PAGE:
Lecturer in the Law of Obligations
BA (Hons) (Toronto), BEd (Toronto), LLB (Western), LLM (Osgoode), PhD (LSE)
Telephone: 0116 252 2366
David has practised as a barrister and solicitor in Canada (Ontario) in the areas of civil litigation and employment. He has also worked as a public sector labour relations consultant. Prior to joining Leicester, David completed his Ph.D. at the London School of Economics. His doctorate examined how education reforms transformed teachers’ work as unionised professionals in Canada and the United Kingdom. David’s research focuses on obligations, with a special interest in the obligations of professionals.
Contract, education (reform, labour relations), employment and tort, particularly the obligations of professionals
‘An Argument for the Common Law Defence of Honest Comment’ (2011) 16 Communications Law 140
Co-editor (T. Novitz), The Role of Labour Standards in Development: From Theory to Sustainable Practice? (Oxford: Oxford University Press/The British Academy, 2011).
- ‘Seeking a normative solution for an exceptional circumstance’ (2011) Journal of Personal Injury Law 144.
- ‘Human Rights and the Workplace in a Global Market Economy’ (2010) 65 Relations Industrielles/Industrial Relations 673.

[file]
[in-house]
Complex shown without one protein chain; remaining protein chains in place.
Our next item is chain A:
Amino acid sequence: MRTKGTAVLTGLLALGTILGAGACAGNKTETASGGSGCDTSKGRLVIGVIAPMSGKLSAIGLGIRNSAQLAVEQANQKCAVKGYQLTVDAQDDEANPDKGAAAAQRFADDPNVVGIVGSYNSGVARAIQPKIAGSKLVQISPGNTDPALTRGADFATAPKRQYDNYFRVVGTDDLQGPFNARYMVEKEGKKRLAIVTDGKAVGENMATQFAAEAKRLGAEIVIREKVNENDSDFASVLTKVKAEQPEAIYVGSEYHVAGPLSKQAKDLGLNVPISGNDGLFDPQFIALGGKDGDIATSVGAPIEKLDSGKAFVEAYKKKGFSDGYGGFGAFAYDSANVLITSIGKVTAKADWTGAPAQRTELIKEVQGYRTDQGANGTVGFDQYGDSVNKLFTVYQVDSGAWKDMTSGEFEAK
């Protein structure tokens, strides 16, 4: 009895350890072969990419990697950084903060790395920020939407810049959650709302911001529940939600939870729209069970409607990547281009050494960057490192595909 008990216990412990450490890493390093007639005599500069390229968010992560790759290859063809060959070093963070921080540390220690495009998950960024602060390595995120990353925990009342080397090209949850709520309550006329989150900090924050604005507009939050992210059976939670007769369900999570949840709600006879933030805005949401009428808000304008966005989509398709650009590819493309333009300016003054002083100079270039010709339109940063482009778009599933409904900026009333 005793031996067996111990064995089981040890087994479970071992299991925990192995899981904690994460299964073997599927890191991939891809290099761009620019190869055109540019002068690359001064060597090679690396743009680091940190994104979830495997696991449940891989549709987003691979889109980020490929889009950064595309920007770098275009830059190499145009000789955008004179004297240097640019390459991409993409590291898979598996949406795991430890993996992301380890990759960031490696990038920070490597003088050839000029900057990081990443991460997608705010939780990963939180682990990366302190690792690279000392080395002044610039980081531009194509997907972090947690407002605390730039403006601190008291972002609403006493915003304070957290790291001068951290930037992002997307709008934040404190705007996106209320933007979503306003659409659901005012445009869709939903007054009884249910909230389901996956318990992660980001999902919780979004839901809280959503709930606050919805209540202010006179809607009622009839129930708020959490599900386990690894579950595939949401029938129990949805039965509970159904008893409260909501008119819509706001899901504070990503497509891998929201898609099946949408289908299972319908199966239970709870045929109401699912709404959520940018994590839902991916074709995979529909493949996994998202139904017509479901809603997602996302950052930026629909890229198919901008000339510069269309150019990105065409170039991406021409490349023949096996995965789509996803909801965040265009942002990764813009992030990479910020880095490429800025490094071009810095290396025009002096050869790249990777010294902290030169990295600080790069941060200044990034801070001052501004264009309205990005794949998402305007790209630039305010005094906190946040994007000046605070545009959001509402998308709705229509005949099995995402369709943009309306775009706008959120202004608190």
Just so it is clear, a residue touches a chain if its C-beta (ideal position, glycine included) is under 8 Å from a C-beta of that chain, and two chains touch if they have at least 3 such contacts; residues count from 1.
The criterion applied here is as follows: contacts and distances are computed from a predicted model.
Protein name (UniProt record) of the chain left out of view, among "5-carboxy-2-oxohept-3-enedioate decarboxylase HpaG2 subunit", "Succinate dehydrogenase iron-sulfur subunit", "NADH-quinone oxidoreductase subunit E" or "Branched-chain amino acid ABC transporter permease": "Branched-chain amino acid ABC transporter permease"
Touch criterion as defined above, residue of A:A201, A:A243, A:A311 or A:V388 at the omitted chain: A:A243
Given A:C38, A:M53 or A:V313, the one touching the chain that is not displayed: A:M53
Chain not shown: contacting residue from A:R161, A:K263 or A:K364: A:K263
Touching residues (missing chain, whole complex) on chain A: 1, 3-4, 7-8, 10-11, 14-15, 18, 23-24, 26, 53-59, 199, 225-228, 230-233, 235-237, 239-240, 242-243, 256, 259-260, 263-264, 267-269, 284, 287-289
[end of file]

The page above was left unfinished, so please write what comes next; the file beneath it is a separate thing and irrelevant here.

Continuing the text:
- ‘Labouring in the Public Interest’ LSE Law, Society and Economy Working Papers 21/2010. http://papers.ssrn.com/sol3/papers.cfm?abstract_id=1713634
- ‘Failed Business Reorganisation: Compensating the Stigmatised Employee’ (2010) 21 King’s Law Journal 393.
- ‘The leadership predicament: school principals and the law in Ontario’ (2010) 11 Education Law Journal 36.
- ‘The Challenge of Identifying Teachers as Professionals’ in R. Flynn ed. Educational Leadership Today and Tomorrow: The Law as Friend or Foe (Toronto: Canadian Association for the Practical Study of Law in Education, 2010) 275.
- ‘Employment Contracts for Teachers as Professional Employees’ LSE Law, Society and Economy Working Papers 21/2009.
- ‘But For the Exception’ (2009) 20 King’s Law Journal 347-352.
David welcomes approaches from prospective doctoral students, especially in contract, education, employment and tort.